Tuesday, September 2, 2008


‘Power conferred’ and ‘power exercised’ are the two inherent and indispensable ingredients of administration of law. The power delegation and power exercise scenario are very much there in the Constitution of India (Constitution) and Laws of the land. Without this, the administration will be one man’s or one authority’s game. Our instant discussions mainly confined to the administration of the Value Added Tax Act of Assam (VAT Act), 2005.
The Supreme authority to exercise powers under the VAT Act is the Commissioner of Taxes, Assam (Commissioner). He is assisted by the taxing authorities, namely; the Additional Commissioners of Taxes, Joint Commissioners of Taxes, Deputy Commissioners of Taxes, Assistant Commissioners of Taxes, Superintendents of Taxes and the Inspectors of Taxes, appointed by the State Government, who can exercise the powers of the Commissioner by virtue of such powers delegated to them in accordance with the provisions of the Act subject to the conditions and restrictions, imposed by the rules prescribed by the Act
There has been some departure/ deviation from the main theme of the VAT Act and the power delegation and power exercise episode sometimes become controversial. A discussion will bring out the points of controversy.
(i) Rule 6 of the VAT Rules specified a table providing way and scope for delegation of powers by the Commissioner to the taxing authorities, appointed to assist him. In the said table, the taxing authority, namely; the Assistant Commissioner of Taxes did not figure at all. While delegating powers by the Commissioner, the Assistant Commissioners of Taxes were accommodated in the power exercise scenario, which seems to be direct clash with the provisions of rule 6, as aforesaid. Though this acute irregularity persists since 1st May, 2005, the State Government did not think it proper to make modification of the same during these long three years’ and four months’ period.
(ii) Rule 6 provided that power of scrutiny of returns (Section 33), Provisional assessment (Section 34), Self assessment (Section 35), Audit assessment (Section 36), Best judgment assessment (Section 37), Assessment in case of the un-registered dealers (Section 38), Assessment of turnover escaping assessment (Section 39), Power to re-assessment in certain cases (Section 41) etc. are to be delegated to the Superintendent of Taxes.
(iii) The Superintendent, as defined in VAT Rules means the Superintendent of Taxes appointed by the Government by that designation within whose jurisdiction the dealer’s place of business is situated or if the dealer has more than one place of business, the Superintendent of Taxes in whose jurisdiction, the principal place of business is located or if the dealer has no place of business, the Superintendent of Taxes, who has been so notified by the Commissioner.
(iv) It aptly implies that there should be one Superintendent of Taxes in respect of a dealer in a particular area where his place of business or the principle place of business is situated.
(v) Contrary to this spirit of law, the Commissioner by notifications dated 28th April, 2005 delegated his powers to the taxing authorities before coming into force of the VAT Act, which did not maintain the rational and judicious approaches
(vi) The Commissioner delegated his power of self- assessment (Section 35) to the Superintendent of Taxes of the area and not the other assessment powers.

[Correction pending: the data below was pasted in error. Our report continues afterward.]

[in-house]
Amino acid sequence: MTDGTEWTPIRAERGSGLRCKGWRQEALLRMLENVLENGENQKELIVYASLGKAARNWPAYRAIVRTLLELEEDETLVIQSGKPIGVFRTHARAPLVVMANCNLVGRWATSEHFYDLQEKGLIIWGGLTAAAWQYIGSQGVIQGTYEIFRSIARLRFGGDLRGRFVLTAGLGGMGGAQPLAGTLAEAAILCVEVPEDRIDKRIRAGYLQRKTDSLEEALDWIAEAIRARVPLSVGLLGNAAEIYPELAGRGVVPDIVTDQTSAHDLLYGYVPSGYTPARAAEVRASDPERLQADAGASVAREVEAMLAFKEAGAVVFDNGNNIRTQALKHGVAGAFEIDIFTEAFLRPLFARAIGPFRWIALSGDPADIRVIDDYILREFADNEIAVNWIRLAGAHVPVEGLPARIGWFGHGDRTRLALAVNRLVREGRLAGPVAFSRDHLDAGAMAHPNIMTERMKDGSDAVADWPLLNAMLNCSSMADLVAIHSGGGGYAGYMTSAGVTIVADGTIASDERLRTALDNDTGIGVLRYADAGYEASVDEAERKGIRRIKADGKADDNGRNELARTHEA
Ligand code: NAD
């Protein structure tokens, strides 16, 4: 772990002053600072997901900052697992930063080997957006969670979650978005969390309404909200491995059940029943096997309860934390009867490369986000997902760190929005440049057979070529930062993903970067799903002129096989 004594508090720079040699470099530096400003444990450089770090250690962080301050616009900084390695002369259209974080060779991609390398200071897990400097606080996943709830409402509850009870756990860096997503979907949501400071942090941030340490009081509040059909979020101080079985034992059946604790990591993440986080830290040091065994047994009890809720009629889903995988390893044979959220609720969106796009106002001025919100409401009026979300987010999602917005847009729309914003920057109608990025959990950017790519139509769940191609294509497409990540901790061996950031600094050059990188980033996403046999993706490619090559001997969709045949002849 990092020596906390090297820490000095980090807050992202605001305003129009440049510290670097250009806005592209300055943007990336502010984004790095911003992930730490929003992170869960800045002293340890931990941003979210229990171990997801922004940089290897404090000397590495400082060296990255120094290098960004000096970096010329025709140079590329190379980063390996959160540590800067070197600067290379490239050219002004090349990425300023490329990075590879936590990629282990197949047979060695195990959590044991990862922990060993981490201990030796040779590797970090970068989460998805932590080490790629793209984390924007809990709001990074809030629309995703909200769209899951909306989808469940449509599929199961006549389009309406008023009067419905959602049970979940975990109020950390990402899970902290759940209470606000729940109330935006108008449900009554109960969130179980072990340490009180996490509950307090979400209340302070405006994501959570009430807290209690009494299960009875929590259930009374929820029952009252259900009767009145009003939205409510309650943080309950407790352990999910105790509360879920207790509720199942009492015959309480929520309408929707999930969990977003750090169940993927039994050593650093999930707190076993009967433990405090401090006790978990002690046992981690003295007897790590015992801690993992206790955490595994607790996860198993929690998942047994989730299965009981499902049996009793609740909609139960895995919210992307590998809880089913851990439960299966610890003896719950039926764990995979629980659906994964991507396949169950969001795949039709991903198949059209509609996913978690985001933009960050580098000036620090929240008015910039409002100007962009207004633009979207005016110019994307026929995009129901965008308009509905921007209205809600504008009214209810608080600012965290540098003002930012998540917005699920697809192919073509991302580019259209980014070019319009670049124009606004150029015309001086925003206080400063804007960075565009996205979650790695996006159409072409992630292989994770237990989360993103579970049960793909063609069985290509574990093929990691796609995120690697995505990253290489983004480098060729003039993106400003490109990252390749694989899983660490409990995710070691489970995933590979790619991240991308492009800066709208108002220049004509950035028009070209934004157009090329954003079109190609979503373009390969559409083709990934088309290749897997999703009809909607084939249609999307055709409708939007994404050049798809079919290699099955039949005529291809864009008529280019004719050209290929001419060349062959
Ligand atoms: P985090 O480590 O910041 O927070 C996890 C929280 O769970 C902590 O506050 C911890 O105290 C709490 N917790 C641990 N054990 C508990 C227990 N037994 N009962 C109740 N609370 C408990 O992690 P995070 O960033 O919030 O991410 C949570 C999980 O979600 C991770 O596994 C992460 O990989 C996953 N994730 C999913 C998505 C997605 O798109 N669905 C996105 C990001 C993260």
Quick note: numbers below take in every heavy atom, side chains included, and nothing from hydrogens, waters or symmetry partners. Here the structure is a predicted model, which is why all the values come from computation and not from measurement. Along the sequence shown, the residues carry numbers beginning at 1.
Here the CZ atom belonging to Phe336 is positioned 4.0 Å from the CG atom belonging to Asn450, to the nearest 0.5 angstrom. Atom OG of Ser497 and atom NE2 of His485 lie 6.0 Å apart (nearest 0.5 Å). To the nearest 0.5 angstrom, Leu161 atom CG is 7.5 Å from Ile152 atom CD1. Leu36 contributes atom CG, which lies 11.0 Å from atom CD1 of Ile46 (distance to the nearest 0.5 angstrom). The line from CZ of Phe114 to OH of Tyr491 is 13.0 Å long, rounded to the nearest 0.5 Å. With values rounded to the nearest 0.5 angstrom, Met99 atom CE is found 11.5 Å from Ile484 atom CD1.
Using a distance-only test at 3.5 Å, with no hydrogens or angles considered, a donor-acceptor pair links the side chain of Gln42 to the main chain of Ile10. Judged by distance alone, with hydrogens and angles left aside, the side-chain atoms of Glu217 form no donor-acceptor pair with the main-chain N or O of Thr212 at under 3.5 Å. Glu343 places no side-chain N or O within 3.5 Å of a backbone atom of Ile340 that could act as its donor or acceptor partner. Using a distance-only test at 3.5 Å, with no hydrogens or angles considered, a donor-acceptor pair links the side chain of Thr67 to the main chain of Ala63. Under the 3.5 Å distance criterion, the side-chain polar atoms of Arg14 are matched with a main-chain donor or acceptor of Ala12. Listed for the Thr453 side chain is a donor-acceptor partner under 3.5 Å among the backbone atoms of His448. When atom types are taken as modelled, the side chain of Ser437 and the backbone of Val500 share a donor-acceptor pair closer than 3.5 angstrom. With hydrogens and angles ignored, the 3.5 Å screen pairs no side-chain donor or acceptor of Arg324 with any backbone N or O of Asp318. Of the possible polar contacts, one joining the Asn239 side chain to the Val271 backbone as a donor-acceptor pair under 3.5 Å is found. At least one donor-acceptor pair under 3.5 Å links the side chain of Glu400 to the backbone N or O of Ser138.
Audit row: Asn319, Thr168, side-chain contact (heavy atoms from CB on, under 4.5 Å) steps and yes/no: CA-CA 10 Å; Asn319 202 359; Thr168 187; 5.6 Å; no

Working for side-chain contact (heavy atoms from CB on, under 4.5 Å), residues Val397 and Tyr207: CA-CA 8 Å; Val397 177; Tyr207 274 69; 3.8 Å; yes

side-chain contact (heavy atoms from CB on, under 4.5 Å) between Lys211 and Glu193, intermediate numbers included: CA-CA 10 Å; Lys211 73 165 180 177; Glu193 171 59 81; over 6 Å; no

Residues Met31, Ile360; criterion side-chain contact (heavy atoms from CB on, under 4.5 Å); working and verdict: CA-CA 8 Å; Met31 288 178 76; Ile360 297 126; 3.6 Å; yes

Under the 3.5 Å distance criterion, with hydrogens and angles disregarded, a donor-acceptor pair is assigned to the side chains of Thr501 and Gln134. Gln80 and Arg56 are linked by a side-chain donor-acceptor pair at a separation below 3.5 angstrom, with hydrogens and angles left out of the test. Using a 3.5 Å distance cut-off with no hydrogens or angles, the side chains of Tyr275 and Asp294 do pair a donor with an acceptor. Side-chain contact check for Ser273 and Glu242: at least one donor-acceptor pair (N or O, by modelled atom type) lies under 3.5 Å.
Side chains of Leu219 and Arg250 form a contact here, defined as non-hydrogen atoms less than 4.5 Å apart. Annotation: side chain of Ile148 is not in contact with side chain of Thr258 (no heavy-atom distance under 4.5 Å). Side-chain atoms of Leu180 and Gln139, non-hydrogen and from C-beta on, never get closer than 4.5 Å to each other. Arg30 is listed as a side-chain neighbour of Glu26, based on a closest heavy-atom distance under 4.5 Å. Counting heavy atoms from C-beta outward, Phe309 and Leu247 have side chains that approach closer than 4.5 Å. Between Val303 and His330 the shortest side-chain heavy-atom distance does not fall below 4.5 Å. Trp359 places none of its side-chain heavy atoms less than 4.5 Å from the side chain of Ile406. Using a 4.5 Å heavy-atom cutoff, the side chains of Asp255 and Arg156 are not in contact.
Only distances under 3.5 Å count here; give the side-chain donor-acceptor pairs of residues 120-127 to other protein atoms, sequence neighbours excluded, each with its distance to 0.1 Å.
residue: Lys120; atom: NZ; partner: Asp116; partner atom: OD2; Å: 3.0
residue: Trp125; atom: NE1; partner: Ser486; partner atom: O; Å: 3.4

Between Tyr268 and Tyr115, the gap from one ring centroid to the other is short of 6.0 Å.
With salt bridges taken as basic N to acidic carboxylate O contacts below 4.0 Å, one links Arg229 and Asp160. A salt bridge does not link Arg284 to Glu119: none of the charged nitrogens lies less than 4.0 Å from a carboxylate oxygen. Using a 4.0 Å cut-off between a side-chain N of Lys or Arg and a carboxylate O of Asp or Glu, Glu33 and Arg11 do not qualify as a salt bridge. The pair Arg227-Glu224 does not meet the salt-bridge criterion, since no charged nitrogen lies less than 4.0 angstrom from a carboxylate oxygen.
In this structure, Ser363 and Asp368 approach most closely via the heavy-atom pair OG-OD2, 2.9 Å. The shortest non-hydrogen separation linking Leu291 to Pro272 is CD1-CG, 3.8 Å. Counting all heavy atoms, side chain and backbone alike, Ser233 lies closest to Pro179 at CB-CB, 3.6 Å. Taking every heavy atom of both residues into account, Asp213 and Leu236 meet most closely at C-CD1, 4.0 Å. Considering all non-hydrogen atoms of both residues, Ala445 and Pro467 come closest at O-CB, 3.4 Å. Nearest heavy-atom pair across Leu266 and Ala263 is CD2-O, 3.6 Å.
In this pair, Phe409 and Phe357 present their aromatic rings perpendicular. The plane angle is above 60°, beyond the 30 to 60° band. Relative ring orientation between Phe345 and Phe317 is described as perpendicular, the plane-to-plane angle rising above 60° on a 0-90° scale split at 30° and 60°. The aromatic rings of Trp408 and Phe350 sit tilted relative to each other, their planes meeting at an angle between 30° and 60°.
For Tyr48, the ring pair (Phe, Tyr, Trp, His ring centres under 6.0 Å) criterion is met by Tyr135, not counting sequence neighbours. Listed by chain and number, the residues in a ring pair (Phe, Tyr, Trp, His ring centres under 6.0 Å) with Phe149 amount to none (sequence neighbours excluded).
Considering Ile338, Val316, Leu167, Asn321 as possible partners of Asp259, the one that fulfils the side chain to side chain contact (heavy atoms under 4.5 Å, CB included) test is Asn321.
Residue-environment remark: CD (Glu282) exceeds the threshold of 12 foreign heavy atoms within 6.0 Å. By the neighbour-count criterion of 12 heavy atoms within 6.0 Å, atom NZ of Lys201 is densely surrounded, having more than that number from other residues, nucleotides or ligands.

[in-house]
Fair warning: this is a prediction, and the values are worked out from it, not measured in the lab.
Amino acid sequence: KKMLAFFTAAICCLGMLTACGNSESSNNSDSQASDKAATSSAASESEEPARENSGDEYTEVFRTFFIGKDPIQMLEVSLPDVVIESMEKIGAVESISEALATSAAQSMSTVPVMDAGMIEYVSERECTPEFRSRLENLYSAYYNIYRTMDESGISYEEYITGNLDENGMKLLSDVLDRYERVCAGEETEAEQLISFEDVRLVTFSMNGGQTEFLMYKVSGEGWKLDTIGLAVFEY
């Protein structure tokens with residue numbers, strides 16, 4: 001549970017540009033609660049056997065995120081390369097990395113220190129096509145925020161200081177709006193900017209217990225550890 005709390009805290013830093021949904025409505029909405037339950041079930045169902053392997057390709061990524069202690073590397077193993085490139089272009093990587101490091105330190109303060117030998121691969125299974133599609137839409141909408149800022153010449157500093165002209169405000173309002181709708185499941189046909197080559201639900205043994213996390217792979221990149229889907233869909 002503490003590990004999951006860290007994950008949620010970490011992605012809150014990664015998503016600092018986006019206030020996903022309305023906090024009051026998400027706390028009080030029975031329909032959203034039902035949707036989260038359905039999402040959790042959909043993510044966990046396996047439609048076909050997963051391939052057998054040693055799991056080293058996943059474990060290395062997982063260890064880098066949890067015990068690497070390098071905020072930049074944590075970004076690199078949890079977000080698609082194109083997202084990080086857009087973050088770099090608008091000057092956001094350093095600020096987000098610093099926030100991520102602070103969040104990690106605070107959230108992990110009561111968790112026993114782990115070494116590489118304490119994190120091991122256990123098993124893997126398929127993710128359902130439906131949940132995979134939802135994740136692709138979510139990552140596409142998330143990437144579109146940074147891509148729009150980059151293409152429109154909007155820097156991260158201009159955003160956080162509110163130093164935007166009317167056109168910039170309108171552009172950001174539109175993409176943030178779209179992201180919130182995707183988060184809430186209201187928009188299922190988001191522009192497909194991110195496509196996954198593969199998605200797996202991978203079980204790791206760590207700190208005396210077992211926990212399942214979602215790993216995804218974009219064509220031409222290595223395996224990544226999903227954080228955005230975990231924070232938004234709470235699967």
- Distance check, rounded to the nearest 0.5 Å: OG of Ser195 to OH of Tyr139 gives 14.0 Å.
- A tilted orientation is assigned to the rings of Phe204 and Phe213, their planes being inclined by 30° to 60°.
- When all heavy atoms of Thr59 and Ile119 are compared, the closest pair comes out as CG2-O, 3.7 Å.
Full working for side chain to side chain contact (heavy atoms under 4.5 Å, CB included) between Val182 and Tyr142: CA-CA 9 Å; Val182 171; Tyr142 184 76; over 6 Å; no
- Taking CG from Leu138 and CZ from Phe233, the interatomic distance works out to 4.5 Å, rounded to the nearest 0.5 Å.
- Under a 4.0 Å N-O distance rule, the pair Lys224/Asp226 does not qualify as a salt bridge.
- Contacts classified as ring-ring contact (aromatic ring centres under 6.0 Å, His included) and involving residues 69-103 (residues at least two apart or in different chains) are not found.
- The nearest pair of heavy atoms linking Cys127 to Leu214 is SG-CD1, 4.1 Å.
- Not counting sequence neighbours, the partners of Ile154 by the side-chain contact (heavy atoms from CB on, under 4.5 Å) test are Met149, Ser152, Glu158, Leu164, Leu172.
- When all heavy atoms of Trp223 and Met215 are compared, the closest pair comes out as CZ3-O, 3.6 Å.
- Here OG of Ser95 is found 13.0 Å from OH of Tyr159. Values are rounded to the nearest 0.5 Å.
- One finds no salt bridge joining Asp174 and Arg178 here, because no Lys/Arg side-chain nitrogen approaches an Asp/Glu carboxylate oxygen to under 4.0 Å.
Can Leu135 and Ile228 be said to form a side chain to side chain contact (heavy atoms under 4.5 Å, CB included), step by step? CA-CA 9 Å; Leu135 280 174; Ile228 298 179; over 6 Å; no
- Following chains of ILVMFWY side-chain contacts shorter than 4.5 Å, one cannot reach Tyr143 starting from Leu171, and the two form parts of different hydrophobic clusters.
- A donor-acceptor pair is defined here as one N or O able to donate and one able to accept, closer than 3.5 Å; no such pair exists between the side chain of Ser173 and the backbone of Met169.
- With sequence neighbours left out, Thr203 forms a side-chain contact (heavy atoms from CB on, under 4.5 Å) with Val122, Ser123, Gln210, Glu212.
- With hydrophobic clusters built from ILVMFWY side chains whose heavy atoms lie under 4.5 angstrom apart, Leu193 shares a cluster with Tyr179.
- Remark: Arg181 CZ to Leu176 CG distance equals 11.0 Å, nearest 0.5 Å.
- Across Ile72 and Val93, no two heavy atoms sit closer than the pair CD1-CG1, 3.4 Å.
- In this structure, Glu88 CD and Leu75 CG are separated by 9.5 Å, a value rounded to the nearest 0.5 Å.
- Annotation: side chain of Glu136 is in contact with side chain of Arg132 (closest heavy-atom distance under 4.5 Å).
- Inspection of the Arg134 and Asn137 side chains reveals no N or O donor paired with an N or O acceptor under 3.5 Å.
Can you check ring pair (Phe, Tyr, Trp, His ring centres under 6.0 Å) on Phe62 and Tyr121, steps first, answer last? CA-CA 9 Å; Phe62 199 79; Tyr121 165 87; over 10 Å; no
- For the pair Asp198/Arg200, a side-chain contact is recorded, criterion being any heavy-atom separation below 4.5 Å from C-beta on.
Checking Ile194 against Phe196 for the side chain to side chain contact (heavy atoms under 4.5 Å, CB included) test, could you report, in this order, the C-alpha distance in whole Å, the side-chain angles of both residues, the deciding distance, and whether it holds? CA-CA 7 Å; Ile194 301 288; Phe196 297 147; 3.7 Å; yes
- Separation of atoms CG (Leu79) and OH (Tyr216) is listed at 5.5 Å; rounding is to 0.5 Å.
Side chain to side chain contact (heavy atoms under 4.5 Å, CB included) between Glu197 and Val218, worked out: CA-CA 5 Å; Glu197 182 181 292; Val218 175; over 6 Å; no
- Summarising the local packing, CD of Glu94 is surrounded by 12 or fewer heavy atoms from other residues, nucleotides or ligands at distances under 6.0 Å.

(vii) The powers of provisional assessment and escaped assessment (section 34 and 40) were delegated to the Superintendents of Taxes, attached to the Commissioner, who it seems were not appointed as a the taxing authority by the Government to make a base in tax administration.
(viii) The power of audit assessment was delegated to the Audit team, constituted by the Commissioner, which in fact, does not have any locus- standi in the VAT Act.
(ix) Thus it is evident that :
(a) the power of provisional assessment, best judgment assessment, escaped assessment, those are being exercised by the unit Superintendents of Taxes seem to be without any delegation of powers
(b) the ‘Audit Team’, though not enunciated in the Act, is nothing but some sorts of investigation wing, while the ‘Audit Assessment’ is quasi-judicial function, which can not be mingled together in view of the doctrine of separation of power, as laid down in Article 50 of the Constitution.
(c) Similarly, the quasi-judicial power conferred to the Superintendents of Taxes, attached to the tax Commissionerate seems to be a matter of controversy,

(x) The Superintendents of Taxes of the area have not been delegated with the
powers of Registration (Section 21, 22,23 etc.) and thus the registration
proceedings, security demand proceedings etc. are being exercised without
any delegation of powers, which are naturally counted as the matter of controversy
(xi) Rule 6 restricted the delegation of power to compound offences to the
Superintendents of Taxes only, but the Commissioner delegated such powers of Compounding of offences to the Additional Commissioner, Joint Commissioner, Deputy and Assistant Commissioners of Taxes, ignoring the restrictions.

. The General Sales Tax Law in Assam came into operative since December 24th, 1947. The power delegation exercise was methodical, rational and judicious. This long tradition had an erosion since the last part of the twentieth century and it took a diametrically opposite turn in the VAT Law in Assam causing some serious set backs and anomalies in the tax administration forum.
The matter s were discussed in a number of times through the media, but was of no avail.

( Mrinal Kanti Chakrabartty)
“Rudra Bhawan”
R.G.Barua Road,10-Lakhimipath

No comments: